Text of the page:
Family of man shot by officer plans to sue LMPD - WDRB 41 Louisville News

Family of man shot by officer plans to sue LMPD

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LOUISVILLE, Ky. (WDRB) – Family members of a man shot by an LMPD officer last Wednesday say they’re likely to pursue a civil lawsuit against the department and officer who fired the shot.

It happened in the 2600 block of Magazine Street near 26th Street. Chief Steve Conrad said First Division officers responded to a complaint just after 11:30 a.m. of a man doing drugs next to an abandoned house.

When officers arrived, they were told the man had gone into that house. More officers arrived, and three of them entered the house and announced their presence, Conrad said.

They searched the house, and upon leaving, Officer Sarah Stumler saw Bruce Warrick hiding behind a mattress in one of the rooms. She ordered Warrick, a black male, to show his hands.

Stumler then fired one shot, striking Warrick in the abdomen. Conrad said the officers called EMS and provided first aid while they waited for EMS to arrive. He explained why a taser was not used. 

"When officers are going into a situation where they don't know what sort of force they may encounter, it is not unusual to see officers with their weapons out," Chief Conrad said. 

Stumler, who has been with LMPD since 2008, has lost her police powers, which is protocol. During her time on the force, she has been disciplined twice -- once for being at fault in an accident and once for not appearing in court.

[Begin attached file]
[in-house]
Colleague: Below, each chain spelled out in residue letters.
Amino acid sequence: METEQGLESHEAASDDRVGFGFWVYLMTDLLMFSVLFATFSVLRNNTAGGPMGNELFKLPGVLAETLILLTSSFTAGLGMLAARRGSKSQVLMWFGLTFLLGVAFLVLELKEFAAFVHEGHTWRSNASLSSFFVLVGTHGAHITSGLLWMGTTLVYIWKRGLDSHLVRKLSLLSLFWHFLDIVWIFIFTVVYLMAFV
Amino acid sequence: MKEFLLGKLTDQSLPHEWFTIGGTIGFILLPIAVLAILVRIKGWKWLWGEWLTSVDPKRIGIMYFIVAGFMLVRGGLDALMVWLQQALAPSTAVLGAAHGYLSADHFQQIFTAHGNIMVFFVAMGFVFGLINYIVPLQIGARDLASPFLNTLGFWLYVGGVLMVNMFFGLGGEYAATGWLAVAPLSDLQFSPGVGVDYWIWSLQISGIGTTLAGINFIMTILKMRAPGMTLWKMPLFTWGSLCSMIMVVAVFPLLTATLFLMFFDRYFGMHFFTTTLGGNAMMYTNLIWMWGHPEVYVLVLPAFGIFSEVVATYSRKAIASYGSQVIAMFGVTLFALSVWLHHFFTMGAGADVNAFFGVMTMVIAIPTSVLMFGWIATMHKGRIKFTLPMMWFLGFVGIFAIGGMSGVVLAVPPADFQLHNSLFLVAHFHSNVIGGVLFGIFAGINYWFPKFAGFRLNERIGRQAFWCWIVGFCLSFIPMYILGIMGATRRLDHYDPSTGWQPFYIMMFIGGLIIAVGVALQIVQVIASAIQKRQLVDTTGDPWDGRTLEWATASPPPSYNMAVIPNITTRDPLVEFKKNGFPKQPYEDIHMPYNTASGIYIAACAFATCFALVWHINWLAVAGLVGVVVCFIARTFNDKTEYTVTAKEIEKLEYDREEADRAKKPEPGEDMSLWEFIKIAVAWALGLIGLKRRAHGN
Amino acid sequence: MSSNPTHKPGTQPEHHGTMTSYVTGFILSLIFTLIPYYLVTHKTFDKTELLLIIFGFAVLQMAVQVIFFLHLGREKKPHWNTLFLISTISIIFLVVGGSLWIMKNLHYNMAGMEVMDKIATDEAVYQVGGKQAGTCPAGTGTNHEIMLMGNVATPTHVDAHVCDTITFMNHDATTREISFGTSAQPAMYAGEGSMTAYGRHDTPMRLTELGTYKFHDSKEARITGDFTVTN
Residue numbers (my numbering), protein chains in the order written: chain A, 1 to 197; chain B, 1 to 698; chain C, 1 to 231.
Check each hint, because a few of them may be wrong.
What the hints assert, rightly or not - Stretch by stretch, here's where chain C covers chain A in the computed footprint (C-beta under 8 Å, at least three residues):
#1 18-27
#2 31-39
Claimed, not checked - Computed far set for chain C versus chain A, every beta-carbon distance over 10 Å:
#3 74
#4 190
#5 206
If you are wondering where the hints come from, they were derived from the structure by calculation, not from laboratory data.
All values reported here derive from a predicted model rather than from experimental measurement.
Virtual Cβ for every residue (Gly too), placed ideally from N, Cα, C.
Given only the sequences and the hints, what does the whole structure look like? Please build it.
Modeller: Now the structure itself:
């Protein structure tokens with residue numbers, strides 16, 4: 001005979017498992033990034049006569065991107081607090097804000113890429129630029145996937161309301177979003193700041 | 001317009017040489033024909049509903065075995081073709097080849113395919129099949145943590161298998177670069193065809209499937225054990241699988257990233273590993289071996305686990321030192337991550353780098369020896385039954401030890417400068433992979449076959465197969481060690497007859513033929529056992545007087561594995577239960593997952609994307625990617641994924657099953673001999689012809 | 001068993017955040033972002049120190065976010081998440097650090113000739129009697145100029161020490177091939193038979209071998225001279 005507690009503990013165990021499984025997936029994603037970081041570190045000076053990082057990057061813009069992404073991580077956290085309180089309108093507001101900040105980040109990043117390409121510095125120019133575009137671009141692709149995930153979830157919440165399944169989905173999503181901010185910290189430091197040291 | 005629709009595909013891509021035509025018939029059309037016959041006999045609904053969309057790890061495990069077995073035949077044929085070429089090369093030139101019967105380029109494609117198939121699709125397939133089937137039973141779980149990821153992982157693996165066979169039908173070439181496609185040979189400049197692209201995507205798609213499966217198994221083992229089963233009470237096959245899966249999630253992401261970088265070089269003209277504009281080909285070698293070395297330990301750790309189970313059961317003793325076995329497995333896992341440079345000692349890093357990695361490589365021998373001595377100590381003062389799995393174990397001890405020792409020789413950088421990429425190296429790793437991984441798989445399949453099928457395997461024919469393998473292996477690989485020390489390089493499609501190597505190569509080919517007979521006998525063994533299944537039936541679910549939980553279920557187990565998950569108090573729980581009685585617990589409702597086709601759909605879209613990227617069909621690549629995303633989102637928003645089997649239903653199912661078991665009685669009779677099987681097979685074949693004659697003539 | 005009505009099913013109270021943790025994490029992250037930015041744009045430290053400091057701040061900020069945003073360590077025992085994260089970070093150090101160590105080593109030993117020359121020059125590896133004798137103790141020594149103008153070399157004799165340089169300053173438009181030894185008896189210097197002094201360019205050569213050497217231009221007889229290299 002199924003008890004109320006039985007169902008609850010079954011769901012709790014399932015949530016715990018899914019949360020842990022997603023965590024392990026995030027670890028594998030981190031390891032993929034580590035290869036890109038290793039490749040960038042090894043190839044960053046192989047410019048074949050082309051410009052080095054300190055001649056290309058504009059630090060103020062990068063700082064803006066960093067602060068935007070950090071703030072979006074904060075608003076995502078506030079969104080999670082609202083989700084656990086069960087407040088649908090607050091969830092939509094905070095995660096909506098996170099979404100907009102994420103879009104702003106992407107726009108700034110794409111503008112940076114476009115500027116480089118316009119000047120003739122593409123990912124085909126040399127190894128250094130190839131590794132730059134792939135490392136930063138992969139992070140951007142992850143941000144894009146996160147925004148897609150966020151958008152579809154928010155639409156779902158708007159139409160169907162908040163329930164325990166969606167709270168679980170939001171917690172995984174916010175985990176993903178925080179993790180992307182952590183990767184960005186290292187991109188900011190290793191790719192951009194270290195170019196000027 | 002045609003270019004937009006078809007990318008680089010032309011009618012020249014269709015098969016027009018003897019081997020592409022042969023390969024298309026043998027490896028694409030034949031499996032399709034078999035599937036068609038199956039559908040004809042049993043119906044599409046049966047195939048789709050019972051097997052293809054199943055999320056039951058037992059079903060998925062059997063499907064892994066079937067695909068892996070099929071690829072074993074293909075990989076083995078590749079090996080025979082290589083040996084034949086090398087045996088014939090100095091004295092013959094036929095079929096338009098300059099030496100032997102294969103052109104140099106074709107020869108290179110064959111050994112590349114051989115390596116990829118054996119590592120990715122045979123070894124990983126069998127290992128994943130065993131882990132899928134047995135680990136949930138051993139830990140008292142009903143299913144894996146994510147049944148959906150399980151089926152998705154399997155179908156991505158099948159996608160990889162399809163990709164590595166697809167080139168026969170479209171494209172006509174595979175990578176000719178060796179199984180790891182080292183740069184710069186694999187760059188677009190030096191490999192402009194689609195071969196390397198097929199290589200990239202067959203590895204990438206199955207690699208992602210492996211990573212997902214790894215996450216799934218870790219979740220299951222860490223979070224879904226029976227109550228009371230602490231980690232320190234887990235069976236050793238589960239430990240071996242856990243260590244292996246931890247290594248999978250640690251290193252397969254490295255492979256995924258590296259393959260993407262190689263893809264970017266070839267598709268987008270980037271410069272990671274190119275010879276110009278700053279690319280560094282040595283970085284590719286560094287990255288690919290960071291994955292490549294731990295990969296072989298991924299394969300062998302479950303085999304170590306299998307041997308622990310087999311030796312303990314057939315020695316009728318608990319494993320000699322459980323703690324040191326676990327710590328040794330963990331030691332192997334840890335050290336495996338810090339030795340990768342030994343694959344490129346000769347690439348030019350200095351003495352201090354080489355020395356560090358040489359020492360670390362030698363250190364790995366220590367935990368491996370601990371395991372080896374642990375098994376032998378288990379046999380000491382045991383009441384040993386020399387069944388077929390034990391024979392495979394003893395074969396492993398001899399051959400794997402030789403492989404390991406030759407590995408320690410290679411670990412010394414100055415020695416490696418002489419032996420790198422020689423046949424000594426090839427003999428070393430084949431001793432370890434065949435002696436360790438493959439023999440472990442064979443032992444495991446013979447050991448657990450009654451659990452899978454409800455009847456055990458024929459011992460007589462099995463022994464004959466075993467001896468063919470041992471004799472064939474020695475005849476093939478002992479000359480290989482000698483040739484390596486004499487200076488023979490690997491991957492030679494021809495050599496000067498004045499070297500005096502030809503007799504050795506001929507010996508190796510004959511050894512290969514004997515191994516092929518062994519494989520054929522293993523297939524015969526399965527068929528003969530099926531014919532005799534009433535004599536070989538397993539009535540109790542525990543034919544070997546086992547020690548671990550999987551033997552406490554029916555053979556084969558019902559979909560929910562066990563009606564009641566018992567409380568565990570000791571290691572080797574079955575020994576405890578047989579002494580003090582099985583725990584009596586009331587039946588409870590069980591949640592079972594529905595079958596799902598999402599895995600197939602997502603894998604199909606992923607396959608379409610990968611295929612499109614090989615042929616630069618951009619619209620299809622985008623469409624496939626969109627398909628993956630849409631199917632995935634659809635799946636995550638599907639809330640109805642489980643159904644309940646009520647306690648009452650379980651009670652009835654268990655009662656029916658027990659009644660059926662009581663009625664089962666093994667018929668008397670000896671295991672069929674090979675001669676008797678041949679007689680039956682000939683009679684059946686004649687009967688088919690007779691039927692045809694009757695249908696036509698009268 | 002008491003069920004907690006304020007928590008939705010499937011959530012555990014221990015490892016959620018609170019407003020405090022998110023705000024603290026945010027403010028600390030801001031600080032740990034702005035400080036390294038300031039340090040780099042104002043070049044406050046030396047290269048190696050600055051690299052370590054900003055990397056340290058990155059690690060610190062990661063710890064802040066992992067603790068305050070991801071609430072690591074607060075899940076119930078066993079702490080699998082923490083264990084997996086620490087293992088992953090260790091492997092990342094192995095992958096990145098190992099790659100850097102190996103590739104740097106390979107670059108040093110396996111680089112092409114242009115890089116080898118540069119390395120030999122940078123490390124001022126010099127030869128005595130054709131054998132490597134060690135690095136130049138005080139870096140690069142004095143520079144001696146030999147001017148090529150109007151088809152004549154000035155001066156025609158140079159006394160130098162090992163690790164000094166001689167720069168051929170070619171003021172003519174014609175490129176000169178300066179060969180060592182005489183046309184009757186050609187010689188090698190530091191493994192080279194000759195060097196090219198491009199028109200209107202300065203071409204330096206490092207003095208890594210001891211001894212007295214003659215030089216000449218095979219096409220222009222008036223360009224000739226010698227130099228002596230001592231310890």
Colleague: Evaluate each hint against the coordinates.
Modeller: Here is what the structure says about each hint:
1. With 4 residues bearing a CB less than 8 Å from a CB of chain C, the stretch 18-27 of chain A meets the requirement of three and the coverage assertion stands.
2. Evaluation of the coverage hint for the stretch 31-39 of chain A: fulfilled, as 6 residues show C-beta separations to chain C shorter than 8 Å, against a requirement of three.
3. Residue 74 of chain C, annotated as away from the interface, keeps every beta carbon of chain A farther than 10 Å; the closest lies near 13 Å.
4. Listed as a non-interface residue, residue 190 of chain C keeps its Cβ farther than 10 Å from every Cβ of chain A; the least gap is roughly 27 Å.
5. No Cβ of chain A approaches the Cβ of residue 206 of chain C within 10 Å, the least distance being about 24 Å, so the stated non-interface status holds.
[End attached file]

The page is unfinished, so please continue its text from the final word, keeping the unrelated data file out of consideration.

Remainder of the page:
“Evidently she was startled. For her to shoot him like that it was unnecessary,” said Terence Warrick, Bruce Warrick’s cousin. “She didn't even give him a chance to put his hands up or anything.”

Warrick’s family is now represented by Louisville attorney Thomas Clay in the matter.

“When I first saw that video, I was shocked,” Clay said on Sunday. “I think there's no doubt that there's going to be civil litigation over this.”

In the body camera video, officers can be heard multiple times asking for anyone inside the house to show themselves. Warrick did not obey those commands.

“We don't know what his condition was,” Clay said when asked by WDRB why Warrick didn’t show himself. “We don't know if he was under the influence of any controlled substances, we don't know if he was asleep. I don't know the answers to those questions.”

LMPD’s Public Integrity Unit will complete it’s investigation before the Commonwealth’s Attorney’s office will decide if criminal charges against Stumler will be filed.

“It's a rarity that there will be a criminal prosecution followed by a conviction,” Clay added. 

Jefferson County Judge Stephanie Burke released the following statement about Warrick:

"On behalf of the Jefferson County Drug Court team, we are deeply saddened to learn of Wednesday's events. As a graduate of our program, Bruce was a generous and positive influence on others and he worked hard to achieve success in his own recovery. Our thoughts and prayers are with Bruce and everyone involved."

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